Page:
I mentioned this to my Occupational Therapist during one of her visits and she told me that one of the hardest things for people with M.E to do is accept their condition. To go from living a fit, active and busy lifestyle to being housebound is very hard to swallow. To do so thanks to an illness so heavily entrenched in stigma and disbelief is even harder. Imagine how devastating it is to have your life brought to a crashing halt by a disease that can’t be treated. Imagine how much more devastating it is that many still hold the belief that your disease isn’t even real. When faced with all of this it can be hard not to doubt yourself at times, not to question if you are simply not doing enough to get well. Maybe if you just pushed yourself, you’d start to improve? Maybe it is all in your head after all.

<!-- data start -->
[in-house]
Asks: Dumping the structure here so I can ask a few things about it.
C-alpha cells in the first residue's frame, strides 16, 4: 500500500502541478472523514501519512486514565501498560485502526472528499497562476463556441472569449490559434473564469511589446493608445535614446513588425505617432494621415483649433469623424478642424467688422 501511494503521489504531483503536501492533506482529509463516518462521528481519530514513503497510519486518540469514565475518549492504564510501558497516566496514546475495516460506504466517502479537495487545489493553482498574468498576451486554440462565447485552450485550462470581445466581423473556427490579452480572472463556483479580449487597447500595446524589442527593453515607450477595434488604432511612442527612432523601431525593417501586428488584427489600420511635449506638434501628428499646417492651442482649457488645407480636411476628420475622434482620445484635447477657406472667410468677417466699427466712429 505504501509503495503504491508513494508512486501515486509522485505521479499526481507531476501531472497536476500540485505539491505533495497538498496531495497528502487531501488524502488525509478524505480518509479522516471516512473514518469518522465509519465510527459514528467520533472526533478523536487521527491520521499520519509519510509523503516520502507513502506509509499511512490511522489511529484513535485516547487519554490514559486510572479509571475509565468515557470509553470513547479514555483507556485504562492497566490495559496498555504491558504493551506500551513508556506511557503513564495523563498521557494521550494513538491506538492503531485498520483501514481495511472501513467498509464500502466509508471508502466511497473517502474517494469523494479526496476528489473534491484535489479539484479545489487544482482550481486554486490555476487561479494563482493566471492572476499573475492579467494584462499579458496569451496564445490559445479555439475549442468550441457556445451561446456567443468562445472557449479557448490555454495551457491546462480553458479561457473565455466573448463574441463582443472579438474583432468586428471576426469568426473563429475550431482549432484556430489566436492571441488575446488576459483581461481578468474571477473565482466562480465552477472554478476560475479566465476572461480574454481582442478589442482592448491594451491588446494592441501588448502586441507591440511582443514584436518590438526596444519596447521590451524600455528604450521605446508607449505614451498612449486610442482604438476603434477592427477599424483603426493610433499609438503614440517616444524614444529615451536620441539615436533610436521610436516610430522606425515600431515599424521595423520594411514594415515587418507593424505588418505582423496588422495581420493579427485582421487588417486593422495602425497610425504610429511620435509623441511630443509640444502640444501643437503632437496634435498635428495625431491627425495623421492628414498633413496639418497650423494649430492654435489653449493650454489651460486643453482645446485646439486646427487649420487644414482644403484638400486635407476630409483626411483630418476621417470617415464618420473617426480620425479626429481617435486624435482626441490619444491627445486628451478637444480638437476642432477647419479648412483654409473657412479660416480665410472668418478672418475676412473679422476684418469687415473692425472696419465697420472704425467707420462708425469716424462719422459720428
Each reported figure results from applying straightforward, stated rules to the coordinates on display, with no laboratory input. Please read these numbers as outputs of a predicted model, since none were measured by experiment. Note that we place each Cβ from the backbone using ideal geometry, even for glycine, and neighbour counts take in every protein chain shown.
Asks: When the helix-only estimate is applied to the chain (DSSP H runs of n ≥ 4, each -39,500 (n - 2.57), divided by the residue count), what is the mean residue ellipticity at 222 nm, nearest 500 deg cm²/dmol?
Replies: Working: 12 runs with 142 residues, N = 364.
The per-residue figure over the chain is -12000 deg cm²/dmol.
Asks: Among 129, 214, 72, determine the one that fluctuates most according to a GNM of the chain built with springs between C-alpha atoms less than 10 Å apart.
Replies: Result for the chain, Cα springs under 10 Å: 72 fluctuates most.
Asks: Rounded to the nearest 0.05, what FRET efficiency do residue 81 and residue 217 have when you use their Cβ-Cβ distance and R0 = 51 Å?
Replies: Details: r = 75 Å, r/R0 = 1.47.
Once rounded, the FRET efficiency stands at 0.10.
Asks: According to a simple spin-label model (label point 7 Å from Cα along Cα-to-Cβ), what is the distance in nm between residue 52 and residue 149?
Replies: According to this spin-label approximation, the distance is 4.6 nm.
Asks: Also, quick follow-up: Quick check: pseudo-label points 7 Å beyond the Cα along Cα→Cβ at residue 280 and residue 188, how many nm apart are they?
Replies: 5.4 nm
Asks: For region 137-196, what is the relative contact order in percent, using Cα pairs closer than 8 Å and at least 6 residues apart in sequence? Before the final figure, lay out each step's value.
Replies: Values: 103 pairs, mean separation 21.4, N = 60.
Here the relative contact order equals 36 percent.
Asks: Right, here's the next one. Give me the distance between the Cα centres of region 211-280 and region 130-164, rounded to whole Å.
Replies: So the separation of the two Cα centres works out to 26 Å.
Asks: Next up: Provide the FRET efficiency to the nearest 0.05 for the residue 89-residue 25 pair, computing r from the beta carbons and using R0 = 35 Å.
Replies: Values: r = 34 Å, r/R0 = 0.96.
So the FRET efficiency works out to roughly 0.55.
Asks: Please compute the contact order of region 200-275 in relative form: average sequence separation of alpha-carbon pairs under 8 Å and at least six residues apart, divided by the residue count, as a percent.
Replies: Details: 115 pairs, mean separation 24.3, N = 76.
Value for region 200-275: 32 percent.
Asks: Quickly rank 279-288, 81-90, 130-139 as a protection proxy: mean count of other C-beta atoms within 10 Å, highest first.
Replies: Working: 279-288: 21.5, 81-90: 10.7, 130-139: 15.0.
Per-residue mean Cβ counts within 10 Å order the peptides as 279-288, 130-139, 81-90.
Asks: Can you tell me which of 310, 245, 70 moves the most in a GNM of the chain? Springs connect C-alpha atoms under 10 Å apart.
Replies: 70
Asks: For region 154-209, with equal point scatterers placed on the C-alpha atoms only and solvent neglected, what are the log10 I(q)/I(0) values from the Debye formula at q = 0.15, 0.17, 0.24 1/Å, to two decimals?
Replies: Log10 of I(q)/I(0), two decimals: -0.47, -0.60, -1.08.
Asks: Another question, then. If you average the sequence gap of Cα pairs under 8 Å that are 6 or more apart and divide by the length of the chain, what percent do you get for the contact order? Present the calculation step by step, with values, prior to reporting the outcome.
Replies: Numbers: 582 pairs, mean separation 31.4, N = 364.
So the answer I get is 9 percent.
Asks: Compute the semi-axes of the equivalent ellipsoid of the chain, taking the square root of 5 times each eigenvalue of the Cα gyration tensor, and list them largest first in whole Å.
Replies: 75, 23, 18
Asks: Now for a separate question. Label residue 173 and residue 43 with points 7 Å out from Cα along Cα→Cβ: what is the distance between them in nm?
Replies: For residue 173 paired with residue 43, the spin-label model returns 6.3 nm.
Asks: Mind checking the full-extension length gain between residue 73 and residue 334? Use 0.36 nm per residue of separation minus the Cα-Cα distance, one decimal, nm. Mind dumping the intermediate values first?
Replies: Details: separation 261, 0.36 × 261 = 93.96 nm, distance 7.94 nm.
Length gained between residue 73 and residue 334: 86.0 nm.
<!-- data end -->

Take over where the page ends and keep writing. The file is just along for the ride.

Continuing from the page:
It would appear that the only prejudice I had internalised was toward my own bloody condition.
After much soul searching, I realised that the reason I worried that people would think I didn’t really need my chair because I still couldn’t quite accept that I needed my chair. I had been viewing it as a concession, as if by relying on my wheelchair was somehow ‘giving in’. It was my mum who pointed out that the chair was simply the difference between doing something or staying in the house, and it was this that helped me begin to see my wheelchair not as something I was surrendering to, but an aid which actually empowers me to take part in activities that would otherwise be impossible or unachievable.